PM Modi Quits Weibo, 59 Chinese Apps Bans in India

His photograph and 115 posts made over the past five years have been deleted The Government of India…

His photograph and 115 posts made over the past five years have been deleted

The Government of India declared a ban on Monday, 29 June, 59 mobile apps including TikTok, UC Browser and other Chinese apps, calling them “prejudicial to sovereignty and integrity of India, defence of India, the security of the state and public order.” The ban is live since 29 June.

Since many China-made apps have been suspected of gleaning the data of users and feed to Chinese intelligence agencies, this move by the Indian government looks to be in line to avoid the same.

With this decision coming through, the biggest blow has been caught by short-video making app TikTok which has a huge following in India. In 2019, TikTok had a monthly active user base of 124 million in India which is one of the app’s largest in the world.

Minister of Information and Technology, Ravi Shankar Prasad has welcomed this move as a necessary step for the “safety, security, defense, sovereignty & integrity of India.”

The Ministry of Information Technology also added that it has received many complaints from various sources including several reports about the misuse of some mobile apps available on Android and iOS platforms for stealing and surreptitiously transmitting users’ data in an unauthorized manner to servers which have locations outside India.

According to the government, this move will safeguard the interests of crores of Indian mobile and internet users.

This move comes amid the face-off between India and China in Ladakh’s Galwan Valley.

Prime Minister Modi Exits Weibo


India’s Prime Minister Narendra Modi’s official page on Chinese social media website Weibo went complete off on Wednesday with the removal of his photograph and all of his 115 posts made over the past five years.

This marks a sudden end to Mr. Modi’s “Weibo foreign policy” in China that was launched with much fanfare in 2015 as a means to directly communicate with the people of China before his first visit there as Prime Minister. His first message said, “Hello China! Looking forward to interacting with Chinese friends through Weibo”. The Indian Embassy said at the time this was “a first of a kind attempt by any leader across India.” Mr. Modi had 2.44 lakh followers.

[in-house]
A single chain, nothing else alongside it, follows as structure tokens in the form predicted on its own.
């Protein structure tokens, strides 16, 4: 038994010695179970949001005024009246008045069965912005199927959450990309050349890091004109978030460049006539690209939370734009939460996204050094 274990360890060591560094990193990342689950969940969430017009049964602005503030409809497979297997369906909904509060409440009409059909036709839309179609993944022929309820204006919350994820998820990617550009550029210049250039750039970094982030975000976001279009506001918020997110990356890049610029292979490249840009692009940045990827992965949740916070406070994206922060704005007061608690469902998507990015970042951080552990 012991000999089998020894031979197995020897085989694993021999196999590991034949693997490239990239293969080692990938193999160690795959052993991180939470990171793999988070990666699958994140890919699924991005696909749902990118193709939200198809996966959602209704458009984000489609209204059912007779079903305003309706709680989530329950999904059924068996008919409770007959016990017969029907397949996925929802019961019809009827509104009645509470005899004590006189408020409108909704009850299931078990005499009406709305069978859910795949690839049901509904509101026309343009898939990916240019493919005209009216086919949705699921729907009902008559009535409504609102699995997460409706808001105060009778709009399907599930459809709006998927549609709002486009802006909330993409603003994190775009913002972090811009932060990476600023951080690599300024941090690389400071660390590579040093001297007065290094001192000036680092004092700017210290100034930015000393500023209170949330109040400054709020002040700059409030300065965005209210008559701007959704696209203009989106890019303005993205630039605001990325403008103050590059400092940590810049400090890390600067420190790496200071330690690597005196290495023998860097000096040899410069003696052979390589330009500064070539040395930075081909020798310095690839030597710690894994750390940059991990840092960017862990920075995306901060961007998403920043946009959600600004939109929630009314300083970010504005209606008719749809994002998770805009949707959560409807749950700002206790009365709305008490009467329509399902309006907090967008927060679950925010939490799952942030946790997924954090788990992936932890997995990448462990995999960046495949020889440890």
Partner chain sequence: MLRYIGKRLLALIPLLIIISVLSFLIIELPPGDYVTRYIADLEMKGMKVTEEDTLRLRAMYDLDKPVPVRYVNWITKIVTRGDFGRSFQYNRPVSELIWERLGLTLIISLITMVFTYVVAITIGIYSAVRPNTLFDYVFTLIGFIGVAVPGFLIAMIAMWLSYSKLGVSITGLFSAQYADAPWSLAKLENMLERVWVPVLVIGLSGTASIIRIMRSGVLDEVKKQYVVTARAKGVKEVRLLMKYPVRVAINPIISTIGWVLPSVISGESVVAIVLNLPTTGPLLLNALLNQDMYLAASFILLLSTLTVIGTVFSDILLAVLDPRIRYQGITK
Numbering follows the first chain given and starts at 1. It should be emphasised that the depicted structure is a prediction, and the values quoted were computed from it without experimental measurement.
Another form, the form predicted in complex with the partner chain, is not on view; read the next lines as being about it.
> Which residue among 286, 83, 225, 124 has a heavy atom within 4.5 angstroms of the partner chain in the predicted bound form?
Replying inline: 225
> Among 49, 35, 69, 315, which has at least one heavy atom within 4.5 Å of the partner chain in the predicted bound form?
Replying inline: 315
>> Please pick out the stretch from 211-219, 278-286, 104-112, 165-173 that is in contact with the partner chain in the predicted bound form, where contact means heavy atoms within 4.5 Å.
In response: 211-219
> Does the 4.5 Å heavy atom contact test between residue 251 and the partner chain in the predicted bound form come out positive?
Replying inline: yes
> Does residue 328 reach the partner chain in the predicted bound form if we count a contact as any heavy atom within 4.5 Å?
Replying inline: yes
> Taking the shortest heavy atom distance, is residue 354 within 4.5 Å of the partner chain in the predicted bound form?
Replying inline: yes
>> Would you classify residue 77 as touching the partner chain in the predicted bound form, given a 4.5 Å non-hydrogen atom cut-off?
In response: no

China’s Reaction To The Ban

On Tuesday, China hit out at the move by India to block 59 apps. It described the action as “a deliberate interference in practical cooperation” between the two countries.

China’s State media warned that the move would bring economic repercussions, such as affecting outbound Chinese investment into India.

In separate statements issued by its Foreign Ministry and Embassy in New Delhi, Beijing called on India to review the move. “India’s measure selectively and discriminatorily aims at certain Chinese apps on ambiguous and far-fetched grounds, runs against fair and transparent procedure requirements, abuses national security exceptions, and suspects of violating the WTO rules,” the Embassy said. “It also goes against the general trend of international trade and E-commerce, and is not conducive to consumer interests and the market competition in India.”

Drop In The Investments

The newspaper said it had conducted a survey of experts who “predicted Chinese overseas direct investment (ODI) into India will drop sharply in 2020, with two experts forecasting a more than 50 per cent cut.”

“Bad feelings go both ways, and the chance for China-India relationship to pick up in the short-term is slim. Chinese investors are on the edge with risk-aversion instinct kicking in,” Qian Feng, director of the research department of the National Strategy Institute at Tsinghua University, told the paper, adding that the coming year would not only see a 50 per cent fall in Chinese investments in India, but would be “a turning point” in economic relations.

Related Posts